Notes From Raleigh City Council Forum

Posted on Sep 12, 2019
Raleigh, NC

Raleigh city councilmember candidates from districts A-E met Tuesday evening at the Universalist Unitarian Church on Wade Avenue in Raleigh. All candidates attended, with the exception of April Parker from District D–more evidence supporting my guess in my last post that she’s not really serious about running. About 150 people attended the forum, most were older with at least some white or gray on their top. There were a few smatterings of younger people there but most of them appeared to be campaign helpers of Saige Martin, the 28-year-old NC-State graduate student candidate for District D. The candidates who attended were:

District A

  • Joshua Bradley
  • Patrick Buffkin
  • Sam Hershey

District B

  • David Cox
  • Brian Fitzsimmons

District C

  • Corey Demont Branch
  • Shelia Alamin-Khashoggi
  • Wanda Hunter
  • Ricky Scott

District D

  • Kay Crowder
  • Brittany Bryan
  • Saige Martin

District E

  • Stef Mendell
  • David Knight

In what appears to be a symptom of the legacy of segregation in Raleigh, all of the candidates in District C were African American, whereas all of the other candidates in Districts A, B, D, and E were white. The conversations in Districts A and C were the most interesting.

District A has no incumbent defending the seat so the three men running al have to describe their vision for Raleigh rather than just attack the incumbent, which is what candidates in districts B, C, D and E all did. District A also had what appeared to be the most intellectually diverse group of candidates. Joshua Bradley was the only candidate who explicitly called attention to the political party he belongs to, the Workers’ Party, and mentioned that he is a socialist. On the other end, Sam Hershey’s answers to questions such as “should conversion therapy be illegal?” betrayed what appeared to be a basically conservative philosophy. Buffkin came across as the most practiced of them all, and although his opening and closing statements seems overly rehearsed, I appreciate the time he took to prepare for the forum, something that not all of the candidates bothered to do. District B has Brian Fitzsimmons challenging David Cox. Cox is popular and Fitzsimmons failed to differentiate himself.

District C saw Hunter and Alamin-Khashoggi criticising Branch on every practical occasion they could. In the most memorable answer of the evening, upon being asked what her viewpoint on the proposed soccer stadium in Southeast Raleigh was, Hunter answered: “my answer, until women soccer players are being paid as much as male soccer players, is no. When the women are being paid as much as men we can talk.” Scott, who is blind, had many great ideas about integrating disabled people, who are 10% of Raleigh’s population, into civic life. Branch, who I can’t say I care for, seemed to be proudest of the fact that Raleigh widened many streets since the time he’s been in office, but the other candidates were concerned about the effect of that the new bus rapid transit would have on their neighborhoods and businesses.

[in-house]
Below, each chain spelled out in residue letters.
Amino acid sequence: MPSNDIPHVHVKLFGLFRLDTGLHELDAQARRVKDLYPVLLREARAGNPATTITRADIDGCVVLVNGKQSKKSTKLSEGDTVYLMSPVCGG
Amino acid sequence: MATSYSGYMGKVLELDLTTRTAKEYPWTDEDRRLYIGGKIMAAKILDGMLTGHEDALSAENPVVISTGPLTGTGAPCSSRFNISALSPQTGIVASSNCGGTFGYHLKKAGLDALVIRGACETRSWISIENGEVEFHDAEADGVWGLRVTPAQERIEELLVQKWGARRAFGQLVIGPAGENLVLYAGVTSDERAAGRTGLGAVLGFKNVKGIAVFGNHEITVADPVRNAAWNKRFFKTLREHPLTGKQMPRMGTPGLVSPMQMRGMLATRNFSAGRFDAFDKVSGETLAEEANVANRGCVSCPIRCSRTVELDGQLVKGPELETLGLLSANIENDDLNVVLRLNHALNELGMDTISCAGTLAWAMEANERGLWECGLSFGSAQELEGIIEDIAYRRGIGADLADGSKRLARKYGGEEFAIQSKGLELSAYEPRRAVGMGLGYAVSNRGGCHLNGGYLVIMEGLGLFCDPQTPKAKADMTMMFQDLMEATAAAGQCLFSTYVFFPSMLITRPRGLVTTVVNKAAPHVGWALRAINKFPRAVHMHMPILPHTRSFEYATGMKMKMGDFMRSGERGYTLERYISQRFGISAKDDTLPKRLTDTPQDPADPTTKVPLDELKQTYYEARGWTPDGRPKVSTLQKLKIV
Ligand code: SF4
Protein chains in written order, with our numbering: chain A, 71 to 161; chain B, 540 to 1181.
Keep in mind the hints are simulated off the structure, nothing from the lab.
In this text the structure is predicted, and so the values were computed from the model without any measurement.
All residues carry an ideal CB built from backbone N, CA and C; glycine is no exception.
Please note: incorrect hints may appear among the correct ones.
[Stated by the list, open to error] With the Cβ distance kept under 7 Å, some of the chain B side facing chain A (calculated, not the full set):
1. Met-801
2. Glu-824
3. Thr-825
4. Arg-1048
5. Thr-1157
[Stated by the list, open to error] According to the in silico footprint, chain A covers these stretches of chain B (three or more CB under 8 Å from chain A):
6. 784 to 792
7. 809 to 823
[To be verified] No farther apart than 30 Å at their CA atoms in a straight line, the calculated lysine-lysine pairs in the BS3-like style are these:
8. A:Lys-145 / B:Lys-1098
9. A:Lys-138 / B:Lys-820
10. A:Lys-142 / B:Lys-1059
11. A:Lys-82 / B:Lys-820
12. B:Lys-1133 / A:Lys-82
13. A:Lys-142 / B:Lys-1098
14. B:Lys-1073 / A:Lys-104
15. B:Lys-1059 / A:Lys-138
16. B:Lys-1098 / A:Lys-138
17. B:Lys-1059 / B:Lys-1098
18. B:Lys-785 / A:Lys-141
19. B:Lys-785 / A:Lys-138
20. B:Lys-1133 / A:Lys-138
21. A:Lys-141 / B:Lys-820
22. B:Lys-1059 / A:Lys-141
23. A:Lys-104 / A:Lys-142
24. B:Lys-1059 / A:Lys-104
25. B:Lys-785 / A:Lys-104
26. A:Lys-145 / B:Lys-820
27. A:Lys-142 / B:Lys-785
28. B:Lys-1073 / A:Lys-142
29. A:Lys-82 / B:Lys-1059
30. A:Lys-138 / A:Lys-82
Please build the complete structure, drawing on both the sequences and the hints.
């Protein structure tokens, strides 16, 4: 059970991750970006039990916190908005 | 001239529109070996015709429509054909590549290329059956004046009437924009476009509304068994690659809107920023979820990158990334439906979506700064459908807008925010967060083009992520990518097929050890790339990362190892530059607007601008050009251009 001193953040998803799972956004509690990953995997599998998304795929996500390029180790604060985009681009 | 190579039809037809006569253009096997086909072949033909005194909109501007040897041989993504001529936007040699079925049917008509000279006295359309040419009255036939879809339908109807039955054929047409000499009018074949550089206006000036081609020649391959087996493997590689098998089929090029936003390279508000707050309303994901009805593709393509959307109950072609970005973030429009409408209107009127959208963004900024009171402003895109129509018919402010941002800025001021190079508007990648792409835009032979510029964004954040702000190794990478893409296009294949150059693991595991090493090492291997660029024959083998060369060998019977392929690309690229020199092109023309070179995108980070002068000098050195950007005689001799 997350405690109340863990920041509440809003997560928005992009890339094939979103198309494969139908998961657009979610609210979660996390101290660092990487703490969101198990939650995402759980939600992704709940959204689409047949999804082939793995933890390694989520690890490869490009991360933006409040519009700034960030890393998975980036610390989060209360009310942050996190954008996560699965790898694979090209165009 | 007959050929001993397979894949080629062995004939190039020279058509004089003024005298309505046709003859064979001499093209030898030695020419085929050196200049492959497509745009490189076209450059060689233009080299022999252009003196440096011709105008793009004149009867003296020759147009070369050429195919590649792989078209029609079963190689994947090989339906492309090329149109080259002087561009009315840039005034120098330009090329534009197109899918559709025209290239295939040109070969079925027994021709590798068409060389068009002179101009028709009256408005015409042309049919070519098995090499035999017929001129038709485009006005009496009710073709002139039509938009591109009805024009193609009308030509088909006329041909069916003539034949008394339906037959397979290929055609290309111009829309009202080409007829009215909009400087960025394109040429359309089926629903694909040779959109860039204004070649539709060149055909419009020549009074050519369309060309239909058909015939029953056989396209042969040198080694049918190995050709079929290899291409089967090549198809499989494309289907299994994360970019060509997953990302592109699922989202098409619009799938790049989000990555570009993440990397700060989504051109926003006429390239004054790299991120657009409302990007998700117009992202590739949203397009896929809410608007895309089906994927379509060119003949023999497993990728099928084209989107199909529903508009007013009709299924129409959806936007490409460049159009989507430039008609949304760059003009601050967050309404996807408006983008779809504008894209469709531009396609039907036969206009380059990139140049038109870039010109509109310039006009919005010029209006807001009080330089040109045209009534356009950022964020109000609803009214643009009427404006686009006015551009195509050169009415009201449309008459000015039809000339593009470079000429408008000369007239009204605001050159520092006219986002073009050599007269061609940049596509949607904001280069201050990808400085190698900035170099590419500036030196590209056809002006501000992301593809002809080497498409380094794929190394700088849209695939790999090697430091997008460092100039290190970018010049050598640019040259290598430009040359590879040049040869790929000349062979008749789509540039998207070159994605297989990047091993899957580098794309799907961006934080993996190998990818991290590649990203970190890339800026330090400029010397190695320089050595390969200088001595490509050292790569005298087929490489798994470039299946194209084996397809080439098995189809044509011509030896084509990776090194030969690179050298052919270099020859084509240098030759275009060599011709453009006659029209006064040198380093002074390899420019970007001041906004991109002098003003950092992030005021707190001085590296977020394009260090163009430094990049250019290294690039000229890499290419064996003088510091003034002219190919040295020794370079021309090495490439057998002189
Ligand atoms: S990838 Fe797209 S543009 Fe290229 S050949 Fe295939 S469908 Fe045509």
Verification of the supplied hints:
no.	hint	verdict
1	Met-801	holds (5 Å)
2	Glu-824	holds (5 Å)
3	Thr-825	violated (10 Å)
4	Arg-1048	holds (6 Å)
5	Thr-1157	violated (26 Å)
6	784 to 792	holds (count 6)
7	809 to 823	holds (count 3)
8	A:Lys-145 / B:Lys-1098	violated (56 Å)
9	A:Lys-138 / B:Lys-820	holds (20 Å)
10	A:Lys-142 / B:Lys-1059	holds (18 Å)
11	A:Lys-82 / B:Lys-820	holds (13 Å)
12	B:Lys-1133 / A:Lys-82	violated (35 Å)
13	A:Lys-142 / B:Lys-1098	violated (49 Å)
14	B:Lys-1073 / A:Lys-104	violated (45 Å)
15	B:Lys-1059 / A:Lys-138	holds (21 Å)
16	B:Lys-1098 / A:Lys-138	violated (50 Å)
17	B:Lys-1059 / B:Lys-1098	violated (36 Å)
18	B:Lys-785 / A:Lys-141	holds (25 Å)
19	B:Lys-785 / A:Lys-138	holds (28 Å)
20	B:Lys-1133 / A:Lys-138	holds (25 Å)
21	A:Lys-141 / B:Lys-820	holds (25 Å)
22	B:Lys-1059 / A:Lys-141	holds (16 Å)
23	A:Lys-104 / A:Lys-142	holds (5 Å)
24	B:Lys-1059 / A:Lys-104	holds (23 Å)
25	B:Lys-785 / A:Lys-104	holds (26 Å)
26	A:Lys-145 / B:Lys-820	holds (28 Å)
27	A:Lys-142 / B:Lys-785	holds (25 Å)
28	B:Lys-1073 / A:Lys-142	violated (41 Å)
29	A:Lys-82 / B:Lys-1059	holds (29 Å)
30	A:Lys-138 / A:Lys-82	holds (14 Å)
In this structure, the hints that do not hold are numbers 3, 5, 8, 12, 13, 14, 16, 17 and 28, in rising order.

In District D, Martin took every opportunity he could to criticize Crowder. While his message about ensuring a safety net for Raleigh’s most vulnerable, including the homeless because of his experience growing up homeless, his indignation about the myriad injustices in Raleigh didn’t really resonate with the crowd. It’s my impression that a lot of Raleigh’s inhabitants are largely content with how things are going. Bryan, on the other hand, vocalized many of the same issues that Martin did, including how poor transportation options are for people who don’t want to drive a car, yet did so in with a “can-do” attitude. Bryan, like Buffkin, performed very well in the debate. Crowder, and all of the incumbents for that matter, emphasized the importance of experience, an easy message when running against two folks who appear to be in their 20s and 30s. Yet I didn’t really hear her vocalize her vision for the city and name any areas where Raleigh’s currently doing poorly, such as creating sidewalks and separated bike lanes.

In District E, David Knight took every opportunity to criticize city council’s incumbents. His pet projects seem to be greenways and watersheds, having worked for environmentally-focused organizations for the past 25 years. Yet I found many of his attacks off-putting, in particular because the incumbent, Stef Mendell, voted the same way he says he would have. In addition, his phone rang multiple times during the forum, and his excuse that he needed it on because his wife might call, it showed a lack of respect for everyone else in the room. Stef Mendell did a good job refuting a lot of his attacks, and Knight looks like he would be a most contentious member on the council if he were to be elected.